What are Barbiturates?

Barbiturates are classified as depressants or sedatives. They contain barbituric acid that slows down your body’s central nervous system. Originally intended for the treatment of seizures, anxiety and insomnia, barbiturates were prescribed widely beginning in the late 1800s. However, they proved to be highly addictive. In the 1960s and 1970s, people began misusing these drugs on a recreational basis. While barbiturates have mostly been replaced by benzodiazepines on today’s prescription pads, they have not entirely disappeared. Read on to learn the facts about barbiturate addiction.

What are Common Uses for Barbiturates?

In the rare instance that a barbiturate medication is prescribed today, it is often intended to induce drowsiness. Barbiturates can help a person sleep if they have insomnia or another related problem. However, they work best in short-term intervals, and the potential for overdose is incredibly high. This makes these drugs more dangerous than similarly-acting medications. 

Doctors might also prescribe these drugs before surgery to treat anxiety. They also can help people suffering from nervousness or restlessness. And in other cases, they can help people suffering from seizures.

List of Barbiturates

Here is a list of the common barbiturates:

  • Butisol
  • Capacet
  • Mysoline
  • Tuinal
  • Amytal Sodium
  • Mephobarbital
  • Luminal
  • Pentothal
  • Nembutal Sodium
  • Amobarbital
  • Butabarbital
  • Pentobarbital
  • Phenobarbital
  • Secobarbital

Are They Addictive?

Yes, barbiturates can be extremely addictive. These drugs were initially misused because they produce feelings of relaxation and euphoria. People also used them recreationally to counteract the effects of stimulant drugs like methamphetamine and cocaine. However, barbiturates have a high addictive potential. The body adapts to this class of drugs very quickly. After two weeks of continued use, the drug loses its effectiveness, according to the Mayo Clinic. As dosages increase, so does the risk of overdose.

In 2022, barbiturate use disorder is far less common than it was in the 1990s. There is one exception – they’re still a popular drug of choice for teenagers. Today’s teens probably don’t remember the widespread overdose deaths associated with these drugs. Therefore, experts believe that they underestimate the dangers of using barbiturates.

What are the Side Effects of Using Barbiturates?

Someone using these drugs at a small dosage might experience drowsiness, lack of inhibition and light-headedness. At higher doses, they’ll also lose fine motor control; they may bump into items or struggle to move gracefully.

Those high on barbiturates tend to behave like a drunk person would. They slur their words, become confused and behave strangely. If someone becomes unresponsive after taking these drugs, they may have overdosed. Contact emergency medical services immediately if you believe that someone has taken too much of this medication.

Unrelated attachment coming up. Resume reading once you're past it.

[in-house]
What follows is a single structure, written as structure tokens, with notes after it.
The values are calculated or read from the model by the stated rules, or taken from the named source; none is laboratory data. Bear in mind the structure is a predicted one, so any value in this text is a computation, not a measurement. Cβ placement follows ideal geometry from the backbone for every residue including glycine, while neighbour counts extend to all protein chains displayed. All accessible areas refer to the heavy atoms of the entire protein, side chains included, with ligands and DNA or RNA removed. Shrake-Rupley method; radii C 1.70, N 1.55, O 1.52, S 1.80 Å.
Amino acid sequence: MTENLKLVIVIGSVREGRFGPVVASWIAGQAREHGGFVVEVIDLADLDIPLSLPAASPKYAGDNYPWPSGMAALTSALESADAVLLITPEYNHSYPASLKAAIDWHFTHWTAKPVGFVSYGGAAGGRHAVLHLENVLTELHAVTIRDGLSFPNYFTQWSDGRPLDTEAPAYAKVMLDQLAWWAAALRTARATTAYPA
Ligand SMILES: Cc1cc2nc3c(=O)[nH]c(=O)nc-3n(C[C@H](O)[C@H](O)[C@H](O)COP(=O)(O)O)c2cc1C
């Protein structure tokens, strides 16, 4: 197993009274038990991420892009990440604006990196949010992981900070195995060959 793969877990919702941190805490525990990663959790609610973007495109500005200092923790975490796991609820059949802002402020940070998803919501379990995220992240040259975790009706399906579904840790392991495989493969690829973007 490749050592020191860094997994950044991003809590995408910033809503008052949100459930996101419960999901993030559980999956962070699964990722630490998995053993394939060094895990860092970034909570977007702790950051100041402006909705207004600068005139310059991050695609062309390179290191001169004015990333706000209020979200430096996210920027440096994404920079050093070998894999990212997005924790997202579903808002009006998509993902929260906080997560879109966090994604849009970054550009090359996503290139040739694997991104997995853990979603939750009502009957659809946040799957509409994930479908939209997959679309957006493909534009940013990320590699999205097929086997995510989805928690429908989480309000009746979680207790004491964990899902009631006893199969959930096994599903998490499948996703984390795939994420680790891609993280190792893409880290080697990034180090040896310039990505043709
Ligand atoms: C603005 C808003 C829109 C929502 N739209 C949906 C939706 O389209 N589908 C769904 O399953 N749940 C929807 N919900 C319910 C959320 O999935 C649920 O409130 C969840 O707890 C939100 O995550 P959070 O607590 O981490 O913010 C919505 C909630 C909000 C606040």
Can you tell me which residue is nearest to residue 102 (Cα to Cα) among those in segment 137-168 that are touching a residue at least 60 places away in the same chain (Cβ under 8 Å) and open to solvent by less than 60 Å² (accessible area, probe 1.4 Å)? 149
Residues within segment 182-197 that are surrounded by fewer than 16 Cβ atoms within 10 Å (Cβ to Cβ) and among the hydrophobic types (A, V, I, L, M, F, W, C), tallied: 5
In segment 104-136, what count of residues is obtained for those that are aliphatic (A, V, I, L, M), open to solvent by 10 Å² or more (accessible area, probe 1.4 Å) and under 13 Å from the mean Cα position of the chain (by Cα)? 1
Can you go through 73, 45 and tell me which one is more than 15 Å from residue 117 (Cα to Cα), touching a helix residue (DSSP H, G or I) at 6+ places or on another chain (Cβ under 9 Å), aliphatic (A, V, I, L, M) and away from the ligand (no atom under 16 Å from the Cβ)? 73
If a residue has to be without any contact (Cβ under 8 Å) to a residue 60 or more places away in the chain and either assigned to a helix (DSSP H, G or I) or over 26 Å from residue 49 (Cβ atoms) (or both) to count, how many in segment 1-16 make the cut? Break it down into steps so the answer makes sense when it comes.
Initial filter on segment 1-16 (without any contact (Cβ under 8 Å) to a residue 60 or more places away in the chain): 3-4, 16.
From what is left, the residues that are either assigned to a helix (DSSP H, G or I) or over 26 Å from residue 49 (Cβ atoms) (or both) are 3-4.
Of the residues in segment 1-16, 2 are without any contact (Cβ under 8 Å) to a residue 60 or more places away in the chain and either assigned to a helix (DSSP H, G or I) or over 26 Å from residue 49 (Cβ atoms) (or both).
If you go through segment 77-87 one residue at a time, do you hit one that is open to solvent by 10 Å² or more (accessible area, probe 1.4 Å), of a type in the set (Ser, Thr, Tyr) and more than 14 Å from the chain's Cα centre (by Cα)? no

Signs of Barbiturate Addiction

Someone addicted to using barbiturates may experience:

  • Mood swings
  • Taking more of their prescription than necessary
  • Irritability
  • Depression
  • Needing higher amounts of the drug to function
  • Hyperactivity
  • Losing employment or relationships due to substance use
  • Legal problems caused by barbiturate use (such as driving under the influence)
  • Sluggishness
  • Hyperactivity
  • Foregoing all other priorities to obtain, use and recover from barbiturates

Can You Overdose on Barbiturates?

Yes, you can. Signs of overdose can include slurred speech, confusion, extreme tiredness, trouble breathing, struggling to maintain balance and severe weakness. Non-responsiveness is the most important sign that something is wrong. In instances where these symptoms arise, it’s imperative to get medical help immediately. 

How Do You Treat Barbiturate Addiction?

When someone has an addiction to barbiturates, they need professional care. During this time, they’ll enter detox. It is where they’ll receive supervision and medicine to help them counteract the withdrawal effects.

What happens during drug use is your brain alters to adapt to the substances your body absorbs. In turn, when you quit using drugs, you need medicine to help your brain adjust back to normal. If you do not give it time, then you might experience withdrawal symptoms like shaking, vomiting, irritability and even seizures. Cold-turkey barbiturate withdrawal can be painful or dangerous; for this reason, it is recommended to seek professional help.

Once you complete a detoxification program, there will be a variety of treatment options available. 12 Step programs, group sessions and in-depth therapy can help you to address underlying mental illnesses and the root cause of your substance abuse.

Getting on the Fast Track to Recovery

People regularly overusing barbiturates might have an underlying mental illness. Our team at Cumberland Heights provides customized solutions that address the cause of using and employ coping mechanisms to help the person regain control of their lives. We offer group therapies, detox, residential treatment and extended care to help you on your road to recovery.

Contact us today to learn more about our programs and take the first step towards a healthier tomorrow.